If, however, you are not a member of LinkedIn Groups, become one immediately. Join industry-specific groups and connect with influencers in the space. The more connections you have, the easier it will be for you or your outsourcer to find potential leads.

LinkedIn works well for all sizes of organizations. For example, my dad is a project manager at a local roofing company in Lincoln, Nebraska. He was interested in anyone with the title “Facilities Manager” within a seventy-five-mile radius of Lincoln. I outsourced a list on LinkedIn for his search and it returned 250 people with the title of facilities manager. Best of all, the list cost $25 to outsource. Just imagine how long that process would have taken if he tried to do it manually or via cold calling.

Industry Websites and Associations  

Many industry websites and associations have member directories. You can give the outsourcer your login information and have them pull the contact information for specific individuals, titles, or companies out of the directory. LinkedIn will most likely be the most up-to-date, so be wary of directories with old information. People regularly take jobs at new companies, so gathering their contact information from past jobs is useless., Hoovers, Zoominfo, and Similar Databases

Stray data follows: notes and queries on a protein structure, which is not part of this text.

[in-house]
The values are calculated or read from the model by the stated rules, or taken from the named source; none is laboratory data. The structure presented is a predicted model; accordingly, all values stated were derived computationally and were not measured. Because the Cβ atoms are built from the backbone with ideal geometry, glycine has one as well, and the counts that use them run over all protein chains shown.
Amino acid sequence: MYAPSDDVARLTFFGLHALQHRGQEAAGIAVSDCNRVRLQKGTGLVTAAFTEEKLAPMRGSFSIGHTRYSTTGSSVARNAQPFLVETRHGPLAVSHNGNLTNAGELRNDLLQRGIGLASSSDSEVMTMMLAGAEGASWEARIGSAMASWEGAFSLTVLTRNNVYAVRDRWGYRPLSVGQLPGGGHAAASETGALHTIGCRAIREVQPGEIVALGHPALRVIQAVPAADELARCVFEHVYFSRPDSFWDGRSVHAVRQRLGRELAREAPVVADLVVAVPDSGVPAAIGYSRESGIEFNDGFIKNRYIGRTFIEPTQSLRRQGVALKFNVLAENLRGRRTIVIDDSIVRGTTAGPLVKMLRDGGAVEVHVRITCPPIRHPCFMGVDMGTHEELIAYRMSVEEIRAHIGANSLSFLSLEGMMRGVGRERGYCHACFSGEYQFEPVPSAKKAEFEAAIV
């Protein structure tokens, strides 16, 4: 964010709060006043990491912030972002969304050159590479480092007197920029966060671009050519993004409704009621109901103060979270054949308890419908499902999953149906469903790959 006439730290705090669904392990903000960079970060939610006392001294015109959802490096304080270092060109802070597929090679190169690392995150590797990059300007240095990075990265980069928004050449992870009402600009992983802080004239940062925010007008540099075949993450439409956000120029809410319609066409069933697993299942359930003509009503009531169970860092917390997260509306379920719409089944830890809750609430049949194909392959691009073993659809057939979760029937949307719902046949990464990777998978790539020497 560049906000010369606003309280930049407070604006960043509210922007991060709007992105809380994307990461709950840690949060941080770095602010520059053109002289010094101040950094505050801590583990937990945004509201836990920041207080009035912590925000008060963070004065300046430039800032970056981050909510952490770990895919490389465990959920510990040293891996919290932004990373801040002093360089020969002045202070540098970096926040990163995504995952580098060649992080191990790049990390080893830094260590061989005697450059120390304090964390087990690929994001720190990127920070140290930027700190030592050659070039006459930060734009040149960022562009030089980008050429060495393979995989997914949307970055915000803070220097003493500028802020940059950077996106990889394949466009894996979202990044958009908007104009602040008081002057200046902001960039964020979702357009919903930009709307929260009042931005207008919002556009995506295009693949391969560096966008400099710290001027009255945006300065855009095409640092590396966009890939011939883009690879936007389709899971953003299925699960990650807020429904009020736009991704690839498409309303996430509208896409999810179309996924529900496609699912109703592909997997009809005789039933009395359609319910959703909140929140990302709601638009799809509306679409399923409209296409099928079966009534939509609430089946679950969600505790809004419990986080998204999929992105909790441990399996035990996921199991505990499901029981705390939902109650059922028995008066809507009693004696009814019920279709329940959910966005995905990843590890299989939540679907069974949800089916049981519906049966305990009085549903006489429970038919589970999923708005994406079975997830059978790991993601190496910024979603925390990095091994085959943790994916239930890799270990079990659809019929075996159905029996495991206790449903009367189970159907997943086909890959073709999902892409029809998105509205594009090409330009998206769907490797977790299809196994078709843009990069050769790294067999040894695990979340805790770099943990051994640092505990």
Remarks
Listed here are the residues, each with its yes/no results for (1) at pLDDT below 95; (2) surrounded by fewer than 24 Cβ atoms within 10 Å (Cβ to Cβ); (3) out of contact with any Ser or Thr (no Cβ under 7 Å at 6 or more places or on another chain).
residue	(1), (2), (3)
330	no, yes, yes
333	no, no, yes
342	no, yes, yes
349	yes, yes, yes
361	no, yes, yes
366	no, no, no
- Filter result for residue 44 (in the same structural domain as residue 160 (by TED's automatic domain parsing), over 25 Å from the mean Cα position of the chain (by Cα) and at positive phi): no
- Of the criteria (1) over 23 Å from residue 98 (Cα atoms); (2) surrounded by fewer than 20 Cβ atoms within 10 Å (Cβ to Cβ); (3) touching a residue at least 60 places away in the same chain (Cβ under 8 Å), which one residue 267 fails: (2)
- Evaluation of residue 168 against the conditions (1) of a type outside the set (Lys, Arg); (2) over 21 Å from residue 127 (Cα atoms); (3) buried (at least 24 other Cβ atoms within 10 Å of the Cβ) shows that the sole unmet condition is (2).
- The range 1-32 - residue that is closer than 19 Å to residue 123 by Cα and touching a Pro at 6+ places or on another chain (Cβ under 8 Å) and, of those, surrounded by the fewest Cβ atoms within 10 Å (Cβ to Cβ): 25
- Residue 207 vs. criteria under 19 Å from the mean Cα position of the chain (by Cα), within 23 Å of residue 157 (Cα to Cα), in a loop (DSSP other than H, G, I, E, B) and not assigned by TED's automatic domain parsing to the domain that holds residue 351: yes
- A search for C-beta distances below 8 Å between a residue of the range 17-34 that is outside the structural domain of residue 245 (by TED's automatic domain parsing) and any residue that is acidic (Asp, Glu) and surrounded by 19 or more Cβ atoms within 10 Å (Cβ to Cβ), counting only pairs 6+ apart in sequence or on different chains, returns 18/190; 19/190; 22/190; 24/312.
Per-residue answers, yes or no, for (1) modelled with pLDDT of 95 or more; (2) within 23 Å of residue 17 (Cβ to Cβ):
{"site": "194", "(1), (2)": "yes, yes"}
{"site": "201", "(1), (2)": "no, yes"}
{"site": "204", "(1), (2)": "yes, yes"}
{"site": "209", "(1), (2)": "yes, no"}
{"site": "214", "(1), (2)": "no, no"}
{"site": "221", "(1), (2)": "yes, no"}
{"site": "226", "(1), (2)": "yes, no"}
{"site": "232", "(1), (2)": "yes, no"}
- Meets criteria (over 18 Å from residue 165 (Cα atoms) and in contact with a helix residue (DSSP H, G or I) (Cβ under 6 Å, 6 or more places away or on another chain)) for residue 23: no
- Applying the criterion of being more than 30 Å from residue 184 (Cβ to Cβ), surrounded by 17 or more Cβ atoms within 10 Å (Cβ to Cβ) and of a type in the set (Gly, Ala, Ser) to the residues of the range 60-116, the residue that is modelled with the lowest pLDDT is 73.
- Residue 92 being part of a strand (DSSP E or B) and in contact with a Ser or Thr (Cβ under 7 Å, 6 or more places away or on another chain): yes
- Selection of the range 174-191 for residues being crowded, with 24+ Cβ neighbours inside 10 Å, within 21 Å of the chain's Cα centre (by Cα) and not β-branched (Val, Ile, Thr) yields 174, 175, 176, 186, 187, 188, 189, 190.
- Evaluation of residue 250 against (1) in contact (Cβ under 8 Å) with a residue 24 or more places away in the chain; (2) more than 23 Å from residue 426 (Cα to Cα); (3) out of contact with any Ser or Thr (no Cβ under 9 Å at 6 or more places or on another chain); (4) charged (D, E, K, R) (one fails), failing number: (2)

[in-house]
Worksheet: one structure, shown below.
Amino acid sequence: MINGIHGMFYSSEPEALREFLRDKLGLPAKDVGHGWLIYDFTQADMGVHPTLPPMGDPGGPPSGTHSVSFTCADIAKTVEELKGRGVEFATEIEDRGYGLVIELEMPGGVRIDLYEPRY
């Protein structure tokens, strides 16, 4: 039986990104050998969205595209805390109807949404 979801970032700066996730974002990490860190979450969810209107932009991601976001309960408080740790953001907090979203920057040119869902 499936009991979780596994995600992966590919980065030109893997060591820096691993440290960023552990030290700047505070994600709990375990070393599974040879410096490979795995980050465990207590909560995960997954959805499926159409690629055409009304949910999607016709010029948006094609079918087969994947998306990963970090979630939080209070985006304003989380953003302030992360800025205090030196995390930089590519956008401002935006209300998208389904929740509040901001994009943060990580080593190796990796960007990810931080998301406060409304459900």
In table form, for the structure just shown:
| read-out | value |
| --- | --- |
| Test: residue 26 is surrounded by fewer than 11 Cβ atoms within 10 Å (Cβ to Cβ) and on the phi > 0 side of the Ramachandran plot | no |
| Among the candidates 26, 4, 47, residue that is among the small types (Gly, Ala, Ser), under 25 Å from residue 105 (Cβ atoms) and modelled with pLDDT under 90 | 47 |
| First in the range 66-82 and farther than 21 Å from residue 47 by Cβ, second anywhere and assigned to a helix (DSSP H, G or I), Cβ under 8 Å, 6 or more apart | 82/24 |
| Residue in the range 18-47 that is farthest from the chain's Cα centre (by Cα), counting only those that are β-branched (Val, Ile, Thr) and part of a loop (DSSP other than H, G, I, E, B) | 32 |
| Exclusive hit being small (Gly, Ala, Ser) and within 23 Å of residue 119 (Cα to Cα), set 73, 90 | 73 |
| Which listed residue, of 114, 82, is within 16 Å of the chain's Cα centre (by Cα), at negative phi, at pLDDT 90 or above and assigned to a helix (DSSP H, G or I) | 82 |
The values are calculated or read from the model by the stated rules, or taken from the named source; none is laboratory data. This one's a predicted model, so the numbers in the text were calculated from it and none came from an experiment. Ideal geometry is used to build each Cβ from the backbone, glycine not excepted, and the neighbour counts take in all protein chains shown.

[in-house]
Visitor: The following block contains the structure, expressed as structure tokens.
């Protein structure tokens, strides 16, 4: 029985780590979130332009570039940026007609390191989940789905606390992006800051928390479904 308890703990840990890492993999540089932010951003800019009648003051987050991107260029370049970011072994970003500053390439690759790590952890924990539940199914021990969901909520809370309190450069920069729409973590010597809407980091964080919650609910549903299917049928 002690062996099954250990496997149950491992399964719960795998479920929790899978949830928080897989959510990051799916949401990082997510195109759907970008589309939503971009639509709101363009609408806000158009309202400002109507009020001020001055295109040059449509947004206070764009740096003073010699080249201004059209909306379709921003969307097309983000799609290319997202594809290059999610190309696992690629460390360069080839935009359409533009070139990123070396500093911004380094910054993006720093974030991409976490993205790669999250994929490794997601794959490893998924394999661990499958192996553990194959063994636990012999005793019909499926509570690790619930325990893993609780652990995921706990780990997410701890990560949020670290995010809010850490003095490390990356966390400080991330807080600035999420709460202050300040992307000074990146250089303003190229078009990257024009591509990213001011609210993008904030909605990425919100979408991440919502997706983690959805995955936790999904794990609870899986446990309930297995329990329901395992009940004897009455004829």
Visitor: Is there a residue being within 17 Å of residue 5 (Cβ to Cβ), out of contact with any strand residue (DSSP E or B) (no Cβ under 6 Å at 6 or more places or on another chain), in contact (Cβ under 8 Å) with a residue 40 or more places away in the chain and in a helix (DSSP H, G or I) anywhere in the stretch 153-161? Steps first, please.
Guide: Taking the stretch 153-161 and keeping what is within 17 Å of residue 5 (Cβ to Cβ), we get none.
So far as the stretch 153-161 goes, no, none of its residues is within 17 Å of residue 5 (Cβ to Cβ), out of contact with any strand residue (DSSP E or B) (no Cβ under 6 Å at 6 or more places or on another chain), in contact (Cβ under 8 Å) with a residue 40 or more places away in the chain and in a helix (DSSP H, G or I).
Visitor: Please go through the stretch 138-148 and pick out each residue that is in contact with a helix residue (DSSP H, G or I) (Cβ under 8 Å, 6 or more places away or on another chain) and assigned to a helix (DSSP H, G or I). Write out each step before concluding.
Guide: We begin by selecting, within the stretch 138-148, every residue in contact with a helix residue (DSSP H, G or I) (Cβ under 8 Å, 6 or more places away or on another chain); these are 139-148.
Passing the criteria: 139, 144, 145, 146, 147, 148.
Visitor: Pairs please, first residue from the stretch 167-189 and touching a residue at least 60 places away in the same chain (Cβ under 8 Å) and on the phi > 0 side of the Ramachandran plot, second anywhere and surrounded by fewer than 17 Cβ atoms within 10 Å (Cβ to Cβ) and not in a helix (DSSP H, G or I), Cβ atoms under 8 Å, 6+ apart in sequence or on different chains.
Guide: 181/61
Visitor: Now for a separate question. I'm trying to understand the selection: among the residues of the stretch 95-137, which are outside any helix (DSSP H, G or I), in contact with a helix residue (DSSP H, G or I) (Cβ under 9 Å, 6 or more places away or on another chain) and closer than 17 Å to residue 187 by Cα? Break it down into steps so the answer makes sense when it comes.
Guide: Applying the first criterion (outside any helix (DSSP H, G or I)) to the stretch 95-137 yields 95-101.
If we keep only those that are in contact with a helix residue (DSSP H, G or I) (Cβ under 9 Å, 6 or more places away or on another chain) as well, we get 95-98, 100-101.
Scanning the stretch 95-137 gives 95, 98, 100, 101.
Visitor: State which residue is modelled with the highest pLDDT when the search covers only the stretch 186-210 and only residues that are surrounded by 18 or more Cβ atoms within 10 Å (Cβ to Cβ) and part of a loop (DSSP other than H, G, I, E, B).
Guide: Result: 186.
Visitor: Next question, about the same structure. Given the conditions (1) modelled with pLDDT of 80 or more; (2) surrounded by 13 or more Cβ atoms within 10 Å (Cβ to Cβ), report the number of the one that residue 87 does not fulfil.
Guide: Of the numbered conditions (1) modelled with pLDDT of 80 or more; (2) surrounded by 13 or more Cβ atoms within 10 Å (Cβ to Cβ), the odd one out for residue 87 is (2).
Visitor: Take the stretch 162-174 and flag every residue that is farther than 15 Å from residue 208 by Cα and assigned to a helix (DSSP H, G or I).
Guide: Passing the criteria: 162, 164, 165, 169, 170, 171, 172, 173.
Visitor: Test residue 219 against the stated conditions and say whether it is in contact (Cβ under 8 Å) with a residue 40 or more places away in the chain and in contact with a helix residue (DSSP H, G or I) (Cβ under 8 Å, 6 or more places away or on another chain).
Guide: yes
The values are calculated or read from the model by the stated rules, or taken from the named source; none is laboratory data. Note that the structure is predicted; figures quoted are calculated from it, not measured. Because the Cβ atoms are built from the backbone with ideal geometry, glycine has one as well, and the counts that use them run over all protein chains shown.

There are hundreds of different databases full of user contact information. For example, I use, which is directly integrated with Salesforce. You can search by title, company, industry, company size, company revenue, etc. Once you find individuals you can email them directly from, or you can copy their email addresses and email them from Outlook or Gmail. For $100 per month you can export up to 300 contacts out of their database.

Be careful when you select a service. Make sure you go through a demonstration and have the service search for your specific titles or industry and see how many results they have. You will find services like this are not great for local companies. They work well for larger B2B companies, though.